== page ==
5.2 Caring for Brodsworth: an impact case study of a conservation in action project Gail Chitty
5.3 Putting theory into practice Helen Johnston
5.4 What came first, the trowel or the pen? Jenny Wylie and Daniel Evans
5.5 Taking a developer's vision back in history Kate Clover and Lara Bishop
5.6 Making connections between place, purpose and content Emma Carver
5.7 What we leave behind: establishing value and building a sustainable legacy Sam Paul and Katie Green
Session 6 Whose archaeology is it anyway? Engagement with archives beyond the dig (Abstract)
6.1 Your DIG - Working Towards a Model of Participatory Interpretation Jen Jackson
6.2 Archive Artefacts at Work Owen Humphreys
6.3 Small finds, big impact: volunteer empowerment in the Portable Antiquities Scheme Lauren Speed
6.4 Reconnecting with the River: Two cases studies of engagement through artefacts Helen Johnston and Joshua Frost
6.5 '#ArchiveLottery – a different kind of digital engagement Adam Corsini
Session 7 Adapting to climate change – how do we create a positive legacy? (Abstract)
7.1 A Sector Adaptation Plan for Wales: incorporating positive values Andrew Davidson
7.2 Adapting to Climate Change. A Positive Legacy for Scotland’s historic environment Mairi Davies, David Harkin and Ewan Hyslop
7.3 Climate change: Values, Benefits and Legacies. The value of cultural heritage in climate change Tanya Venture, Hannah Fluck and Meredith Wiggins
7.4 Managing the positive effects of oceanic climate change on underwater cultural heritage Mark Dunkley
7.5 Historic Landscape Characterisation as a climate change vulnerability assessment tool Isabel Cook
7.6 From Hills to Sea. Flooding and the historic environment in the North of England Chris Hewitson
7.7 [Theatre in Heritage. Facilitating engagement with environmental and archaeological Issues]https://youtu.be/lzuVcnh9B-4) Claire Frampton
Session 8 Photography and its applications in cultural heritage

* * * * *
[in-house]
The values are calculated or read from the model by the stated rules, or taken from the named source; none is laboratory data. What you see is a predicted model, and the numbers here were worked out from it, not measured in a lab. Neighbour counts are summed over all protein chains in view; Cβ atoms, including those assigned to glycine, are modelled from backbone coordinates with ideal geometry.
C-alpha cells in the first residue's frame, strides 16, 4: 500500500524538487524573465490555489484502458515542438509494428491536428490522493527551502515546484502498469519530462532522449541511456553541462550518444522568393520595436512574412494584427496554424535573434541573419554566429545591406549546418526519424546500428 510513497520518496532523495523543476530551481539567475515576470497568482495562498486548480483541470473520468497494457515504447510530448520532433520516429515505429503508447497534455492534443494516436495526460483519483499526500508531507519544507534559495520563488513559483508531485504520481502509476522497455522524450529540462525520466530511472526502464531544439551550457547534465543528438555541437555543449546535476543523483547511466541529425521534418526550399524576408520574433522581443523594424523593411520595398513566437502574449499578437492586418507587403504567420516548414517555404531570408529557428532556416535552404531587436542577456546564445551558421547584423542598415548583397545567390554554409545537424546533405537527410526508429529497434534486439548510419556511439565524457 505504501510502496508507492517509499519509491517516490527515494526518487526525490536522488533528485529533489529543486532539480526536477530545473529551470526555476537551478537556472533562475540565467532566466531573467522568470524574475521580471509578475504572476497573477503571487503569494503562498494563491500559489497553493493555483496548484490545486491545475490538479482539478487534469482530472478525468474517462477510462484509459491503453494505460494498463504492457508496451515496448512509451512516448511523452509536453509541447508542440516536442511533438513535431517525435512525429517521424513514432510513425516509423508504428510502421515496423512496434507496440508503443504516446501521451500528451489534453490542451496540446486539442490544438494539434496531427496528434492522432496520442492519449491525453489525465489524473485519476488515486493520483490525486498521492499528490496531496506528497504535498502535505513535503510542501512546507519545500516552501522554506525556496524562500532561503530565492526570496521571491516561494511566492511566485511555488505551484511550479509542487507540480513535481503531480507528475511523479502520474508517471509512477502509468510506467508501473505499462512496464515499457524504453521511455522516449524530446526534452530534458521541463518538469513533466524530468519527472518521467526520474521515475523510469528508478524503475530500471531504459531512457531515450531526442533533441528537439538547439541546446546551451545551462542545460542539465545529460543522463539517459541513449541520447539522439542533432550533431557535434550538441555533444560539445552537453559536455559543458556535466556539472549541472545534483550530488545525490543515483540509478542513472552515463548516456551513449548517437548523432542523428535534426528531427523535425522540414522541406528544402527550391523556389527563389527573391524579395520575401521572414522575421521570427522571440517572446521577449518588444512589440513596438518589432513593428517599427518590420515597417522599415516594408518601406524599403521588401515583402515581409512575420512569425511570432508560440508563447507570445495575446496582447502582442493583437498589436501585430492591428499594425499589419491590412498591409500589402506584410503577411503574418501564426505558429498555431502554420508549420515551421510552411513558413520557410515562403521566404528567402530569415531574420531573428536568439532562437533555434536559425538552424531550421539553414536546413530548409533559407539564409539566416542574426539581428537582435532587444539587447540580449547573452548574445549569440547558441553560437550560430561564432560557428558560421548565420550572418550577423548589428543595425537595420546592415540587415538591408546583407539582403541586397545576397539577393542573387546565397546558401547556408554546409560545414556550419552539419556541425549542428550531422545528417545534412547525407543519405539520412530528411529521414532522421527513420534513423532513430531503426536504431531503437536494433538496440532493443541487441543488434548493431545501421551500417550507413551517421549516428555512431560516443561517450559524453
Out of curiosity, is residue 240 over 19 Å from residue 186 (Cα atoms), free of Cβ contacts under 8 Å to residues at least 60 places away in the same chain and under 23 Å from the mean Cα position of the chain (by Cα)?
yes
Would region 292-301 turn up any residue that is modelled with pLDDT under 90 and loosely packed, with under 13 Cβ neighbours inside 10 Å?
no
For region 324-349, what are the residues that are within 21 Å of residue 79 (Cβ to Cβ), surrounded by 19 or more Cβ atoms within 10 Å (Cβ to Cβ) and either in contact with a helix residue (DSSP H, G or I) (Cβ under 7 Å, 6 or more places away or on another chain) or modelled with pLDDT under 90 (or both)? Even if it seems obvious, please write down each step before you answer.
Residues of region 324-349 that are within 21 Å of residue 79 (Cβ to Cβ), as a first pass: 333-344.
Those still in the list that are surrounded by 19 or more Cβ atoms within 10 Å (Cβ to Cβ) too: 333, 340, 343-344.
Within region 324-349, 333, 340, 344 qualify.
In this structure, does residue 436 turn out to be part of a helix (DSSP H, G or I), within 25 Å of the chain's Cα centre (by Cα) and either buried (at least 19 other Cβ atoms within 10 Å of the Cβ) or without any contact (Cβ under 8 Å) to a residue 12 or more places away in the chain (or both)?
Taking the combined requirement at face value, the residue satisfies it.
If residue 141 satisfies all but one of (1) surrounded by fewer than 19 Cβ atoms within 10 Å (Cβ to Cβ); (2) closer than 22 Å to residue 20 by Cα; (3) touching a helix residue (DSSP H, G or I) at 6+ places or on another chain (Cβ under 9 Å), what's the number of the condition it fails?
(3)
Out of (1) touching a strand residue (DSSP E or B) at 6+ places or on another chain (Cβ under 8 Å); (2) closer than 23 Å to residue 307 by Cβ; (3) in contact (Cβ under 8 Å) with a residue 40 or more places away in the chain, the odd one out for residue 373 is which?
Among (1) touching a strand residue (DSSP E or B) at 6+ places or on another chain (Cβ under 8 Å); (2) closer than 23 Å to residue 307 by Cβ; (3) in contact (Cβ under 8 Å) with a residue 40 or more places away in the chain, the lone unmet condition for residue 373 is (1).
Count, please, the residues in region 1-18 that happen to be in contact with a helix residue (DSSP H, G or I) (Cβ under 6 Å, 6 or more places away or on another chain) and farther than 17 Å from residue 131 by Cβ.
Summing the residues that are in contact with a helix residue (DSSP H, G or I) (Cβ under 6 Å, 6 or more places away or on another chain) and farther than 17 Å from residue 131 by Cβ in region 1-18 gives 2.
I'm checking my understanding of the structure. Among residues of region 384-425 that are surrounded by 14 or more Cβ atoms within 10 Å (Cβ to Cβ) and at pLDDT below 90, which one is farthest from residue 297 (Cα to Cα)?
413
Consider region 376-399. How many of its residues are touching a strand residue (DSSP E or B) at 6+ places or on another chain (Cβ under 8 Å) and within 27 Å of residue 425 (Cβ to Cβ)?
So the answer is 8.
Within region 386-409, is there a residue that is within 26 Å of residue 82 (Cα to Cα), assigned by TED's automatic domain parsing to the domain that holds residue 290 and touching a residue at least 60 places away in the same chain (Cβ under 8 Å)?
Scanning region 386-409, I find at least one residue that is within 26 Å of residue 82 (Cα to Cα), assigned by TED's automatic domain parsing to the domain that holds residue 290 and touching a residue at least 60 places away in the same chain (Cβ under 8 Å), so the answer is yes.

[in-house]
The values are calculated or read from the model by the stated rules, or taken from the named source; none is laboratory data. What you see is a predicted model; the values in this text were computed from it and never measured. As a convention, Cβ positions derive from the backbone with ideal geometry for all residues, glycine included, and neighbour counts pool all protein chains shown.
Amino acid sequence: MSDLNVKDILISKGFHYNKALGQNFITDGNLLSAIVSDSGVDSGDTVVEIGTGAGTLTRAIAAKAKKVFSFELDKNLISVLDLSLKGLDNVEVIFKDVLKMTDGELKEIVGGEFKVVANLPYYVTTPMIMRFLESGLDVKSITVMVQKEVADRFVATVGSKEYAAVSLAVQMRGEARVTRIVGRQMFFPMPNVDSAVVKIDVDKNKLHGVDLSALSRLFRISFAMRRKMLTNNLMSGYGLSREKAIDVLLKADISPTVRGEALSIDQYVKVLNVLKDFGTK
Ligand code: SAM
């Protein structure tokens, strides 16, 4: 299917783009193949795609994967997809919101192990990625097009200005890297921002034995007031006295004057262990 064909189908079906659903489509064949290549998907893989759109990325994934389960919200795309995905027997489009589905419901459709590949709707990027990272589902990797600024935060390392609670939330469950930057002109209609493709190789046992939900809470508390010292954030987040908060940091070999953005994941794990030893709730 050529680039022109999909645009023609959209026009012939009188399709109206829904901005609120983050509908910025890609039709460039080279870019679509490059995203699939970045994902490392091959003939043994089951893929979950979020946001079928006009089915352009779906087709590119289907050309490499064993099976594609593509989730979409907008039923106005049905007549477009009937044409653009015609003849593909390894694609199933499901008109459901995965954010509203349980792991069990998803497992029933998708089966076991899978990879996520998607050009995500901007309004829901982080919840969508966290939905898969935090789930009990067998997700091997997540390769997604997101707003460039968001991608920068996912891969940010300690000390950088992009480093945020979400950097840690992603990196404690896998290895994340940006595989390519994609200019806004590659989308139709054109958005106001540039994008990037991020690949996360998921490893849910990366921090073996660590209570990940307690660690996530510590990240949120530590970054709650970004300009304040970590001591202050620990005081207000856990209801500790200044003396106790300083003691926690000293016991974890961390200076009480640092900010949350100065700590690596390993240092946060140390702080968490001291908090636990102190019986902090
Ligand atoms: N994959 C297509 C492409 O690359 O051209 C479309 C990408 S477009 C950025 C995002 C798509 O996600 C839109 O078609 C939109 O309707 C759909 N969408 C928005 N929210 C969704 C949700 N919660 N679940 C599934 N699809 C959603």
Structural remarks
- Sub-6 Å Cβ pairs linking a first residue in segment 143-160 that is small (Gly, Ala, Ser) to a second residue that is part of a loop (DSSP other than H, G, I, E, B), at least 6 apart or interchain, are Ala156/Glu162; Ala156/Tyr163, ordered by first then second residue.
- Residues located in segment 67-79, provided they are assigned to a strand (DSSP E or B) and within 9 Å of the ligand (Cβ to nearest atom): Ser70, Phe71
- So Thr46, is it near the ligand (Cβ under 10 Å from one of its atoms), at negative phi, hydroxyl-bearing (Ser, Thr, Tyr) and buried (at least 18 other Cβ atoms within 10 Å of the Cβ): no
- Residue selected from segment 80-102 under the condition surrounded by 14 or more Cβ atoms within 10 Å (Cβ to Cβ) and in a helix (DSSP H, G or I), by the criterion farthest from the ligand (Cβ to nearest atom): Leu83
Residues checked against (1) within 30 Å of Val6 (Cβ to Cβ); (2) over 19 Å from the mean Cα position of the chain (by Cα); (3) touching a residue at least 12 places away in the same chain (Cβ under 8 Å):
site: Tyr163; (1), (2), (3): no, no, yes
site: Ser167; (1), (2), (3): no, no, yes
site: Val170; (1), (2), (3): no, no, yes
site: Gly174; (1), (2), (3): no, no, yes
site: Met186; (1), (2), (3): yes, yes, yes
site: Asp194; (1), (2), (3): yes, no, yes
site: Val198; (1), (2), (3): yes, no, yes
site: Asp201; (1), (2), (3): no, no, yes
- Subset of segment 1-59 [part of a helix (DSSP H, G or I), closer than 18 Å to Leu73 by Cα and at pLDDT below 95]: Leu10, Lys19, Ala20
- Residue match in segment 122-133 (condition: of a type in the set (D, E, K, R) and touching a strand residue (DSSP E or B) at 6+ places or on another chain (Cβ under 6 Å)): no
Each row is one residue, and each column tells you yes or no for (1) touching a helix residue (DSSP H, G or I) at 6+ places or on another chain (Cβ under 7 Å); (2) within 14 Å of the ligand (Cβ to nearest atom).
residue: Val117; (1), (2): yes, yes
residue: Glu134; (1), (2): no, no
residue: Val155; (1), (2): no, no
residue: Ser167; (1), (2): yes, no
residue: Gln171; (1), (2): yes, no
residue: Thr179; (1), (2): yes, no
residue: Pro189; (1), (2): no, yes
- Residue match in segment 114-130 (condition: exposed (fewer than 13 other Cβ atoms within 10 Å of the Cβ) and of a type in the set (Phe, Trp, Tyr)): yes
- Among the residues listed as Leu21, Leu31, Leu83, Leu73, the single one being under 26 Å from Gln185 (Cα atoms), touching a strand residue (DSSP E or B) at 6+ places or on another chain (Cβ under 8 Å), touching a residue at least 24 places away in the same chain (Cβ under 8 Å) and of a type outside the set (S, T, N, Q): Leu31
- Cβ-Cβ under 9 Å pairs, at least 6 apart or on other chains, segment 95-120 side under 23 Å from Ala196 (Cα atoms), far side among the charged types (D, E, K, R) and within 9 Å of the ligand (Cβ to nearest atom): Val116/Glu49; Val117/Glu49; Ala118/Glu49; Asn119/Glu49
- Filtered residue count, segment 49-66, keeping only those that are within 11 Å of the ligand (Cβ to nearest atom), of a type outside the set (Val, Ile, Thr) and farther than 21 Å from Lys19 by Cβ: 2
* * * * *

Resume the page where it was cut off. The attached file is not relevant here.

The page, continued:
Session 9 Public benefit, social value, impact, legacy... (con't)
9.1 Building Benefit: the value of closer integration with construction Kate Geary and Cat Gibbs
9.2 What makes the Ideal Archaeologist? & A Chat with Mark Spanjer Neil Redfern & Mark Spanjer
Session 10 A month in the country? The value of heritage for wellbeing and social prescription (Abstract)
10.1 Peel Hill Thorne: Prescribing the Motte Neil Redfern
10.2 Marine Operation Nightingale & HMS Montagu – achieving heritage protection & therapeutic outcomes Toby Gane & Graham Scott
10.3 The Dis/Advantages and Advantages of Enabled Archaeological Holistic Fieldwork Theresa O’Mahony
10.4 A Band of Brothers at Bullecourt: an outsiders view of a century long military bond Alex Sotheran
10.5 Operation Nightingale: Working Towards a Standard Model Phil Abramson
10.6 Wellbeing and the Historic Environment: what now? Linda Monckton
10.7 Archaeology supporting Mental Health and well-being in London: Lessons from earlier projects William Rathouse
10.8 Developing projects with social impacts Cara Jones
Session 11 Archaeological geophysics: why do we do it? Is it done well? Does it matter?! (Abstract)
11.1 Introduction: Archaeological geophysics: Why aren’t we doing it like this? Mark Whittingham
11.2 The use of high density GPR arrays for large area geophysical survey Neil Linford
11.3 Prospective Alternatives: Assessing Low Frequency Electromagnetic Survey Hans Whitefield